Does Fujimori Case Signal the End of Impunity?

After nearly two years under house arrest in Santiago, Chile, former Peruvian president Alberto Fujimori settled into his new quarters last week—a comfortable if spartan suite of rooms at a police base in the eastern suburbs of Lima—where he will await his upcoming trials on charges of corruption and human-rights abuses. If convicted, Fujimori, 69, is likely to spend the rest of his life in prison. But Chile's decision to send Fujimori home has already sent ripples throughout the world of international criminal justice.

International-law experts and human-rights activists hailed the ruling of the Chilean justices as an important step toward making ex-dictators more accountable for their alleged atrocities. They say the precedent set by the five judges of the Chilean Supreme Court will make it easier for jurists in other countries to OK the extradition of ex-dictators facing criminal charges in their native lands. In fact, the Fujimori case is only the latest in a series of judicial proceedings involving tyrants and warlords that have made it increasingly difficult for them to elude prosecution.

The first breakthrough came in the 1990s when the United Nations Security Council set up special international courts to prosecute Yugoslav and Rwandan officials accused of gross human-rights abuses. Slobodan Milosevic died before The Hague tribunal could render its judgment. But a tribunal established in Tanzania sentenced former Rwandan prime minister Jean Kambanda to life imprisonment in 1998 for his role in the genocide carried out against that nation's ethnic Tutsi population—the first time a former chief of state had been held responsible for human-rights violations committed during his tenure.

The wiggle room narrowed further a few weeks later, when former Chilean dictator Augusto Pinochet was placed under house arrest in England. While the attempt to prosecute him was ultimately blocked by then Prime Minister Tony Blair's decision to send the retired general back home on medical grounds, a House of Lords ruling overturned the longstanding judicial practice of granting former chiefs of state immunity from detention in foreign nations for serious abuses perpetrated at home. Legal experts say the Fujimori case is going to make it harder still for onetime autocrats to escape with impunity. The Chilean court cited a 2001 decision by the Inter-American Court of Human Rights striking down a Peruvian law that granted amnesty to government officials implicated in human-rights violations.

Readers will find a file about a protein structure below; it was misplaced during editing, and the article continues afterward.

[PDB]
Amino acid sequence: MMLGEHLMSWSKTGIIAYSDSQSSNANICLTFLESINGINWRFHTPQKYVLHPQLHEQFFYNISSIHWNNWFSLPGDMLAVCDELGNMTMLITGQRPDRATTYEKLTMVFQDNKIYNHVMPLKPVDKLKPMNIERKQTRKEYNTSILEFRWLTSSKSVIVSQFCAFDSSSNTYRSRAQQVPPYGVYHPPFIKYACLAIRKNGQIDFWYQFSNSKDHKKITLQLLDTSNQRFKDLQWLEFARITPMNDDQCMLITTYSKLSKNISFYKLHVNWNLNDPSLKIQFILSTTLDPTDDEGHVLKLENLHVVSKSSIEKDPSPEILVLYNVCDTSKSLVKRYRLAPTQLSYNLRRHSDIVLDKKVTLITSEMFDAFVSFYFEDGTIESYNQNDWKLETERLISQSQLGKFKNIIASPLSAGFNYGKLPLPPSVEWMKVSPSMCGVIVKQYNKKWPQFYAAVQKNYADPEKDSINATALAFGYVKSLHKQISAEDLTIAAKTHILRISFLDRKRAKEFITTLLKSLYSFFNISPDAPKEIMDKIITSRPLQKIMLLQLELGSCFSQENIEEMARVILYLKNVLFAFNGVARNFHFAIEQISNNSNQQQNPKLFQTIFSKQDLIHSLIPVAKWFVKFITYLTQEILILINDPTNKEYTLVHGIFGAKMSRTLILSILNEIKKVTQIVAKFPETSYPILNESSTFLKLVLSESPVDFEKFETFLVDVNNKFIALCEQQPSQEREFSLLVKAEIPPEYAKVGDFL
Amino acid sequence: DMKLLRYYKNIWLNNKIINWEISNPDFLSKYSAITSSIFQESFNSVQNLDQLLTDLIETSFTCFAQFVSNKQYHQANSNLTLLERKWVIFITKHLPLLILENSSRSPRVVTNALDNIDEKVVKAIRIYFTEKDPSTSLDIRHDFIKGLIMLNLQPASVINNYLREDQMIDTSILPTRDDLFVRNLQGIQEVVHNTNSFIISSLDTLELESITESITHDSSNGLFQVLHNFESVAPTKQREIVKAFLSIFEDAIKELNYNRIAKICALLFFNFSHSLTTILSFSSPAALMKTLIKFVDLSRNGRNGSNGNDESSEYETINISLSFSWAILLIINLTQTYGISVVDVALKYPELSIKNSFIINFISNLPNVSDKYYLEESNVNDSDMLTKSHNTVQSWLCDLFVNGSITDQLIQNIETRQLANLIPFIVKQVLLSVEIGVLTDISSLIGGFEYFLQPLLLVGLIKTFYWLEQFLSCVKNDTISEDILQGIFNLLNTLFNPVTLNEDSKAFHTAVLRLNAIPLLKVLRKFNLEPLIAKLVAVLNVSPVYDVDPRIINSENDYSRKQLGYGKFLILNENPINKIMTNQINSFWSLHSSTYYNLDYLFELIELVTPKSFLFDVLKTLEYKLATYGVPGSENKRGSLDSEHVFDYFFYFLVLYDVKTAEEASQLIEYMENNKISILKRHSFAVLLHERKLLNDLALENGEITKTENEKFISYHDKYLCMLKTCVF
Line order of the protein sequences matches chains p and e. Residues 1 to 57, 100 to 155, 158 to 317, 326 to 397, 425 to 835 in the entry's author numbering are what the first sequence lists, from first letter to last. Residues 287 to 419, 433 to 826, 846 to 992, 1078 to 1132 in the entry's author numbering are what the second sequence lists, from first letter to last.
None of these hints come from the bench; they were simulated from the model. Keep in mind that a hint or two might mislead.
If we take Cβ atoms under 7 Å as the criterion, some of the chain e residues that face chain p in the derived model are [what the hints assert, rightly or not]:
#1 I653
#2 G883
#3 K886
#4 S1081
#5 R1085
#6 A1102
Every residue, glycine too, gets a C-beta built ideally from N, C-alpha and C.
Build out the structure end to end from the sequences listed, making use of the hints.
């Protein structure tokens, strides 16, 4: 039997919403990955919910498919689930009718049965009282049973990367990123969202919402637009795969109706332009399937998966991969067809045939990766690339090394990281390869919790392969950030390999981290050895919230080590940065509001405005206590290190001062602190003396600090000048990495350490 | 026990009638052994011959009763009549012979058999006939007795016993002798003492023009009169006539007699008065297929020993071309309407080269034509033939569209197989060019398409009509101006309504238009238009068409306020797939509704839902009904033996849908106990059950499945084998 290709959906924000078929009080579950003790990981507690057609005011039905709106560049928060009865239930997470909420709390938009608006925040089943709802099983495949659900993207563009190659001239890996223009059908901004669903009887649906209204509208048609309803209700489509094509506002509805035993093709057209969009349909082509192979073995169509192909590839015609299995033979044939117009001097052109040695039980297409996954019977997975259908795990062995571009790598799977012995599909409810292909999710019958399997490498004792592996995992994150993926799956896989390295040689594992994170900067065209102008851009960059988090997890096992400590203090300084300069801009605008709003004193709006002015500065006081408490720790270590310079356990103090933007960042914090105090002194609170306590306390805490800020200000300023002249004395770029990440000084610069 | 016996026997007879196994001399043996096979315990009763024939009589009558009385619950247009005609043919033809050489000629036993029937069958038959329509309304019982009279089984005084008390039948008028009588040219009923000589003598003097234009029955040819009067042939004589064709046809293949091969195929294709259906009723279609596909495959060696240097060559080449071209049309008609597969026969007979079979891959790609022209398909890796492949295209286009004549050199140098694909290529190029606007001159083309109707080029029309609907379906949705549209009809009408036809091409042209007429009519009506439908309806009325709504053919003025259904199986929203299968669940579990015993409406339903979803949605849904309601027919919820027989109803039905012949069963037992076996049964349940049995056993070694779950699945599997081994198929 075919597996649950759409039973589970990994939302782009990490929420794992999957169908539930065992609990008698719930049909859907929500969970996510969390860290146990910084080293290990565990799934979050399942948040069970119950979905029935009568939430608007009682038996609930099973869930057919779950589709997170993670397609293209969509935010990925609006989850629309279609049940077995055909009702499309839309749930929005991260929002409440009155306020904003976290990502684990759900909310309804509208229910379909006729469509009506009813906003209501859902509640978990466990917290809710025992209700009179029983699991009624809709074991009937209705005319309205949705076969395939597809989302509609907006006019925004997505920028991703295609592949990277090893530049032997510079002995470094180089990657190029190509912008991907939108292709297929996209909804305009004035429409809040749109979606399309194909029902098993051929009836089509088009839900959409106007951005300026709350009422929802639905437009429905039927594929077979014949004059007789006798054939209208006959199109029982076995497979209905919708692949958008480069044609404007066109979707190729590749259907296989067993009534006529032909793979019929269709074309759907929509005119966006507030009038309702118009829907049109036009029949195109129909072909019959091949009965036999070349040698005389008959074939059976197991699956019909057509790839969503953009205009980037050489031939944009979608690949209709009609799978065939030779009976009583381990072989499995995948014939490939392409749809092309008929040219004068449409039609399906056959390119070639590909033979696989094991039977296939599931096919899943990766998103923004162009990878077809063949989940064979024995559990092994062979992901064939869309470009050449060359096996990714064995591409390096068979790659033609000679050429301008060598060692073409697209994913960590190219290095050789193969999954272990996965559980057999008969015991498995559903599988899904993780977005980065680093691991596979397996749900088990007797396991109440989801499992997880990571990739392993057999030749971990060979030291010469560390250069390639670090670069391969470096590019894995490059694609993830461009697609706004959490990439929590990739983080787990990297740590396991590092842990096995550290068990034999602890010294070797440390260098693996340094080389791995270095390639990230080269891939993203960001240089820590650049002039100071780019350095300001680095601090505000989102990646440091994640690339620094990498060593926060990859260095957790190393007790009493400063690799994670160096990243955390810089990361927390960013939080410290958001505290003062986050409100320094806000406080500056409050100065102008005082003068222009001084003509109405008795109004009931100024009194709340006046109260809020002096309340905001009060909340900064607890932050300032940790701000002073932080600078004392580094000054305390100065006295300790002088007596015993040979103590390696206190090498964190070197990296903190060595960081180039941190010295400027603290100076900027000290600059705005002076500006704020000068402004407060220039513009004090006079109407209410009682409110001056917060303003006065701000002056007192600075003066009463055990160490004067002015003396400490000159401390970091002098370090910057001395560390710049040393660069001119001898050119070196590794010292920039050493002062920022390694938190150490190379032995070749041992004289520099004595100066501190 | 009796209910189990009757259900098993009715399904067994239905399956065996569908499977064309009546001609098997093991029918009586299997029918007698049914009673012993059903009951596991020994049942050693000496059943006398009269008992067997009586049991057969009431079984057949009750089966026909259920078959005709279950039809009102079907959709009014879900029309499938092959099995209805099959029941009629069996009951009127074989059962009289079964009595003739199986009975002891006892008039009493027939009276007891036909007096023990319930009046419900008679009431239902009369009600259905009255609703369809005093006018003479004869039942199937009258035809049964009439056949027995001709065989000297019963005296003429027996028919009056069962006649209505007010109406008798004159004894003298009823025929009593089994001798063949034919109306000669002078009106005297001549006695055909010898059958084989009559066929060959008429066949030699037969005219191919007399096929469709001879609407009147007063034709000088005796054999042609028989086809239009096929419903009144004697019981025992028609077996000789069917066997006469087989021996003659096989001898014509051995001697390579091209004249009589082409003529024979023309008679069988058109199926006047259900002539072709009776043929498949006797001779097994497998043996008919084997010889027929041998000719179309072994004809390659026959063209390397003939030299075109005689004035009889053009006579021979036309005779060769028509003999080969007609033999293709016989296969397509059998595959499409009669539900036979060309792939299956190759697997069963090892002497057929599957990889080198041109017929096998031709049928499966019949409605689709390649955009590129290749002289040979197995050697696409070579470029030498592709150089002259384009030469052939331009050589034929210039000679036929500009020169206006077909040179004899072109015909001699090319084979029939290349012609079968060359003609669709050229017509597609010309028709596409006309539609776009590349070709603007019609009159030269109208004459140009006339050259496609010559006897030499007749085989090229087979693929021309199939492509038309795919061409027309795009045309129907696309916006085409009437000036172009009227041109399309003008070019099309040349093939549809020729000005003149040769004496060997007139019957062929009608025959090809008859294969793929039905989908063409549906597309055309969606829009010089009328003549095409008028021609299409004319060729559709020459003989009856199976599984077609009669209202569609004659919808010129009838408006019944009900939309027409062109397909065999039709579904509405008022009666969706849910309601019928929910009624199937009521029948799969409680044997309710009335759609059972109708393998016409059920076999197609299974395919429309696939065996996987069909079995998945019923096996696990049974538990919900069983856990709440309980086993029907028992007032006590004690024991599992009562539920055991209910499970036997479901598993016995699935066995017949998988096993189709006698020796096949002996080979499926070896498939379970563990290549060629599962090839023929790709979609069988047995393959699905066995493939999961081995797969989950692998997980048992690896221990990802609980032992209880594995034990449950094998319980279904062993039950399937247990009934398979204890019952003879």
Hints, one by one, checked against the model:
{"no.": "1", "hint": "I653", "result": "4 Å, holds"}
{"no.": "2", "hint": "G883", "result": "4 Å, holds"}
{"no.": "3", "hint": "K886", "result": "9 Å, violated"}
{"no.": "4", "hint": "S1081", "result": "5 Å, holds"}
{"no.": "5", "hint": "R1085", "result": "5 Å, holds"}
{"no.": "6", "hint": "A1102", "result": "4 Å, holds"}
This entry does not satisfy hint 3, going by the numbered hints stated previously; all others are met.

There are still plenty of dictators and despots who remain on the lam—or in the lap of luxury—partly because politics often trumps legal precedent. Former Haitian military strongman Raoul Cédras lives quietly in Panama, having cut a deal with Clinton administration officials to relinquish power in 1994 in exchange for political asylum there. Jean-Claude Duvalier, the plump, spendthrift heir to Haiti's notorious tyrant François (Papa Doc) Duvalier, was allowed to settle in France after he was toppled from power in 1986. "Who gets political asylum and who gets fed to the wolves depends a lot on the services they've rendered to a major power, and especially to the United States," says DePaul University law professor M. Cherif Bassiouni.

But legal experts say the kinds of precedents set down in the Fujimori case will increase the pressure on countries to withdraw the welcome mat for ex-despots and bring them to justice. Increasingly, it seems, rogues can run, but they can no longer hide.

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